Monitoring the extent of protein leakage into the extracellular environment is a key challenge for in-cell NMR studies [39]. In the present work, the intracellular localization of the observed resonances was verified directly by observation of the restricted translational diffusion behavior characteristic of intracellular species [28]. One-dimensional heteronuclear (15N-XSTE) diffusion measurements [32] were recorded before and after all 3D NMR measurements, using a 300 ms diffusion delay as previously described [28]. Using this non-invasive method, when the fraction of extracellular αSyn exceeded 5%, data acquisition was halted and a fresh sample was prepared. NMR analysis of an expression time course (Figure S1) showed no discernable lag phase, indicating that the species being observed constitutes the major state of αSyn within the cell, in agreement with previous spectroscopic and biochemical analyses [21], [40].

To determine the HN, N, CO, Cα and Cβ backbone chemical shifts of intracellular αSyn a series of triple-resonance BEST-HNCO and BEST-HNCOCACB experiments were recorded [33], [34]. Each 3D spectrum was acquired in just 1–2 hours, which is an important factor as samples were typically found to contain significant (>5%) levels of extracellular species after just a few hours. Spectra were repeatedly acquired from a total of four samples, and were then summed to produce a final spectrum. Analysis of the chemical shift of the single histidine resonance (His50) showed that within 30 min of sample preparation, the intracellular pH was 6.2±0.1 (Figure S2), indicating acidification of the cytoplasm consistent with that observed previously under nutrient-depleted conditions (as pH homeostasis is an active process) [41]. Therefore, for comparison purposes HNCO and HNCOCACB spectra were also acquired for a sample of isolated (monomeric) αSyn in bulk solution at the same pH.

Because of the magnetically inhomogeneous environment characteristic of the dense cell samples studied here, having cell volume fractions of ca. 30%, αSyn resonances exhibit a strong inhomogeneous line broadening giving rise to diagonal lineshapes (Figure 1A). This effect can result in severe resonance overlap even within 3D spectra. As this broadening arises from variations in the magnetic field strength within the sample, its effect is constant on a ppm scale irrespective of the type of nucleus. This is therefore a particular problem for the determination of 1H chemical shifts in disordered states, due to the small chemical shift dispersion of ca. 1 ppm. The observed spectrum can be represented in the frequency domain as the ‘true’ spectrum convolved with a three-dimensional point spread function (PSF) that reflects the distribution of magnetic field strengths found across the sample, and which is therefore the same for all residues. We note that such line broadening cannot be eliminated using non-uniform sampling (NUS) methods, although for folded proteins where resonance overlap is a less significant problem NUS sampling schemes have been demonstrated to be very effective for the rapid acquisition of in-cell NMR spectra [16].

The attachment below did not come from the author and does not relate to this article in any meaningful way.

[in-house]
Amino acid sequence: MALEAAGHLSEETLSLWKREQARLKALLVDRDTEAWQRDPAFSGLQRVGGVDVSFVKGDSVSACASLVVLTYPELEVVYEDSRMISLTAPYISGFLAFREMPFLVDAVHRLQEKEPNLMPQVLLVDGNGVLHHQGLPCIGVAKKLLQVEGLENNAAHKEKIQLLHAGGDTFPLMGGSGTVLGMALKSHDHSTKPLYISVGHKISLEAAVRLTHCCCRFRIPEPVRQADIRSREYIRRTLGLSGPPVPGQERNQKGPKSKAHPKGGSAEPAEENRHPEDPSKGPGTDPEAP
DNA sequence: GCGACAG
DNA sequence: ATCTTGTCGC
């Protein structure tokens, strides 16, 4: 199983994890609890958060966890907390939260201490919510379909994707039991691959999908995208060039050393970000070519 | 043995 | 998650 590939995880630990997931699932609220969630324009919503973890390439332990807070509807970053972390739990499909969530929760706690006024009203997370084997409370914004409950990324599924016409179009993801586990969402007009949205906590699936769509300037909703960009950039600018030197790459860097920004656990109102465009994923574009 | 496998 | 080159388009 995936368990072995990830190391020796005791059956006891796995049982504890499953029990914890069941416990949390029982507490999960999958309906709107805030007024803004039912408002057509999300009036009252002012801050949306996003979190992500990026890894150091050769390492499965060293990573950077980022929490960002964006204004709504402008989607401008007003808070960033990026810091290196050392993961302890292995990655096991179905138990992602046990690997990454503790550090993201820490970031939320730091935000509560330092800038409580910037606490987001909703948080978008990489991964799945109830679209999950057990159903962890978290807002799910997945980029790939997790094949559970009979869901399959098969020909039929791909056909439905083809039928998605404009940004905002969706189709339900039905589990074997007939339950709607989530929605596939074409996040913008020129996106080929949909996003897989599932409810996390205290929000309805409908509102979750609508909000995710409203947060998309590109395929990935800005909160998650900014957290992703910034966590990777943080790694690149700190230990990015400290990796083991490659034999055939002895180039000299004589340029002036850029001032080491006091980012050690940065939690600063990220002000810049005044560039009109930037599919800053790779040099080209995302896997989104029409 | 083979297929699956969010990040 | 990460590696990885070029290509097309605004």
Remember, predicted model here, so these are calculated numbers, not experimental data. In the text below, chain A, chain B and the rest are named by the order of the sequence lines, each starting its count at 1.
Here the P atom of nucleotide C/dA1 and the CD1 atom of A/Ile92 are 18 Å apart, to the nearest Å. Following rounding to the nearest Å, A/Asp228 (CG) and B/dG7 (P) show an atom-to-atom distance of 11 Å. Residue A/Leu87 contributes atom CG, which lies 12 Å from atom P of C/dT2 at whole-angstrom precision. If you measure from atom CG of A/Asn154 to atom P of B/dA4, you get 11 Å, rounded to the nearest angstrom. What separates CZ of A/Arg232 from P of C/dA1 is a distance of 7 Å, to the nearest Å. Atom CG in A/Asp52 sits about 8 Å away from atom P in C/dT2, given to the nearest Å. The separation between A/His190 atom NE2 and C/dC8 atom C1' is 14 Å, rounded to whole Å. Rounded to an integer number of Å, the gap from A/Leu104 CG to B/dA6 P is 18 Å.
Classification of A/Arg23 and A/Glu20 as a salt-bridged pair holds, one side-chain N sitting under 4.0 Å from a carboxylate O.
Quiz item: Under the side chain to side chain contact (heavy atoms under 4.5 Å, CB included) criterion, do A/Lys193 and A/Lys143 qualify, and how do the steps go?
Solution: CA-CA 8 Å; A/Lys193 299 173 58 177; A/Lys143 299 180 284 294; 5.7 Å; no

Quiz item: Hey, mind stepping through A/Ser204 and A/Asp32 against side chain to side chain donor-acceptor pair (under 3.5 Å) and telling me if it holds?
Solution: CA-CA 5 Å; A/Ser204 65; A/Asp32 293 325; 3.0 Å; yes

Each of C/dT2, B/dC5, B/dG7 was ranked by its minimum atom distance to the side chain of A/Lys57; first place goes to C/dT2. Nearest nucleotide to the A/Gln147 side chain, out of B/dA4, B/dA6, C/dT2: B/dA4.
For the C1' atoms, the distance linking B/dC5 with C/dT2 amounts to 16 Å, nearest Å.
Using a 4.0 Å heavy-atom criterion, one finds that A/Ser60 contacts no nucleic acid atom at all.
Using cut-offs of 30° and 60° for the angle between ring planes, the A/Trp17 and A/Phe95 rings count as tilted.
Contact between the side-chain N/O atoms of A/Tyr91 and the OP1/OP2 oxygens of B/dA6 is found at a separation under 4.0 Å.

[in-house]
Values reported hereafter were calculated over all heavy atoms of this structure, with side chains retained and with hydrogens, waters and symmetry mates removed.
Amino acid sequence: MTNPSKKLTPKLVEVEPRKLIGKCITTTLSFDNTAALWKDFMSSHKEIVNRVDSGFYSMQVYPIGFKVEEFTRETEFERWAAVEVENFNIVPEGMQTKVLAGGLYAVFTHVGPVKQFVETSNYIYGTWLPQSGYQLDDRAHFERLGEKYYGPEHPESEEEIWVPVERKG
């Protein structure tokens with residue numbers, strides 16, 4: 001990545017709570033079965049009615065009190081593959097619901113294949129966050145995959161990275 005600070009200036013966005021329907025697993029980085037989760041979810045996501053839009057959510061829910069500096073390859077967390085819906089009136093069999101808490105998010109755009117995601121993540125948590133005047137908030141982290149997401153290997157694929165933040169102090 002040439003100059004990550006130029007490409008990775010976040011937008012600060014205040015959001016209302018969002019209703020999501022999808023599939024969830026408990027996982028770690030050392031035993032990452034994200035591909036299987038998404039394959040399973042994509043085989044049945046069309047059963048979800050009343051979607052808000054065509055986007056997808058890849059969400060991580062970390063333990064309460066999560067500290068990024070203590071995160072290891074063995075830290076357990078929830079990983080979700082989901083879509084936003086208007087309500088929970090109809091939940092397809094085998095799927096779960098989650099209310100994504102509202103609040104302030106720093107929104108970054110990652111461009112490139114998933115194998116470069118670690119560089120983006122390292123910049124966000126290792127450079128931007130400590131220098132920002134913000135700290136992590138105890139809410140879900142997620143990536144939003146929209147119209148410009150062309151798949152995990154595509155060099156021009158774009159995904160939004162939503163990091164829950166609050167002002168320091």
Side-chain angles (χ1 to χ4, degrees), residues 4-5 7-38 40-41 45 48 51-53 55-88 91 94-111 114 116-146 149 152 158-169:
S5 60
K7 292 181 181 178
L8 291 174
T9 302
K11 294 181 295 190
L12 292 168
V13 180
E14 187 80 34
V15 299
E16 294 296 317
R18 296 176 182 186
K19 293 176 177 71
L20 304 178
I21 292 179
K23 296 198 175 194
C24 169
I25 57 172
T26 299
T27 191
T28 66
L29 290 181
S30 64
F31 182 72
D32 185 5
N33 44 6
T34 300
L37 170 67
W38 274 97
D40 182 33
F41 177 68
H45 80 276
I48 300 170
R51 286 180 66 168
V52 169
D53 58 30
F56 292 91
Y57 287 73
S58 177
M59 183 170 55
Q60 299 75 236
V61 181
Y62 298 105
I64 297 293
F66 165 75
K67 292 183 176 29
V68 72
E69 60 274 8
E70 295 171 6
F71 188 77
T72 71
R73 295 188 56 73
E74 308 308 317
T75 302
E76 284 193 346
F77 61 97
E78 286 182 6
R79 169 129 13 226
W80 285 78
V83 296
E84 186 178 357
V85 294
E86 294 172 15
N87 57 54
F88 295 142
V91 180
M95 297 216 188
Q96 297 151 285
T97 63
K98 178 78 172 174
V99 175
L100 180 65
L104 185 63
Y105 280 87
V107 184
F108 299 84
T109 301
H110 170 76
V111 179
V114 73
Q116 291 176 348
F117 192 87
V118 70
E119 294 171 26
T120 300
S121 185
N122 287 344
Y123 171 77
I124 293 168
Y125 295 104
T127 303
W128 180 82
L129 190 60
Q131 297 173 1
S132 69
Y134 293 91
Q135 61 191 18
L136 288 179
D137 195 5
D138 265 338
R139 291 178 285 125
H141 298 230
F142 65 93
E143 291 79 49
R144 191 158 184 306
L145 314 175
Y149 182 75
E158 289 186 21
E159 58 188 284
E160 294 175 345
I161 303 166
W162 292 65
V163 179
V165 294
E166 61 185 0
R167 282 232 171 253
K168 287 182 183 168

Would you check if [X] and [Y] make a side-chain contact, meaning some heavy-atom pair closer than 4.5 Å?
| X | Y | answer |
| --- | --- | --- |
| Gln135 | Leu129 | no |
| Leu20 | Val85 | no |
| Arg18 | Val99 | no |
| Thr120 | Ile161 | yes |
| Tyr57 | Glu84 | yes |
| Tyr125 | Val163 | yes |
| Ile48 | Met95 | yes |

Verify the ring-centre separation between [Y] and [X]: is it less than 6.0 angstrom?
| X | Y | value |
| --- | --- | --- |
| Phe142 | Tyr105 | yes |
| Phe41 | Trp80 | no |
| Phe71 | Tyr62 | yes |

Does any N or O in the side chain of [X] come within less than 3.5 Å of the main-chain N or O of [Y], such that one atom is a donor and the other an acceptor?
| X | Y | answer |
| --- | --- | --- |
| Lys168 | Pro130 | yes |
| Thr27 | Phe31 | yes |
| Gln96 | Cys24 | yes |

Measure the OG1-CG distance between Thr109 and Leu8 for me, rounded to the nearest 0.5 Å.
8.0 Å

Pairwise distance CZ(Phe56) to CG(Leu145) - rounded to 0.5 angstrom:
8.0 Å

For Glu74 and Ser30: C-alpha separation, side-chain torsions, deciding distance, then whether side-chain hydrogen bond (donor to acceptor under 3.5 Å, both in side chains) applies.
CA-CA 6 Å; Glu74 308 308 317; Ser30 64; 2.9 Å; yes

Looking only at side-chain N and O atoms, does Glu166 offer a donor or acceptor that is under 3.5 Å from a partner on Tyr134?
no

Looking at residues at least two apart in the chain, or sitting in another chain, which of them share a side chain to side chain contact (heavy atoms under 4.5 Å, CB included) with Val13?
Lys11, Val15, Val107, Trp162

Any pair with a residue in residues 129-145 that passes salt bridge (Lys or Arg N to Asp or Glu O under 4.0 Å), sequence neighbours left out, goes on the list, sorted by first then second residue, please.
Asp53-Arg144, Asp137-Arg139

Figure 1. Multidimensional deconvolution of in-cell NMR spectra.

HNCO spectra of αSyn (A) expressed within E. coli cells and (B) following deconvolution using the T92 reference peak indicated in (A). (C,D) 1H/15N projections of (C) the original HNCO spectrum and (D) the spectrum following deconvolution.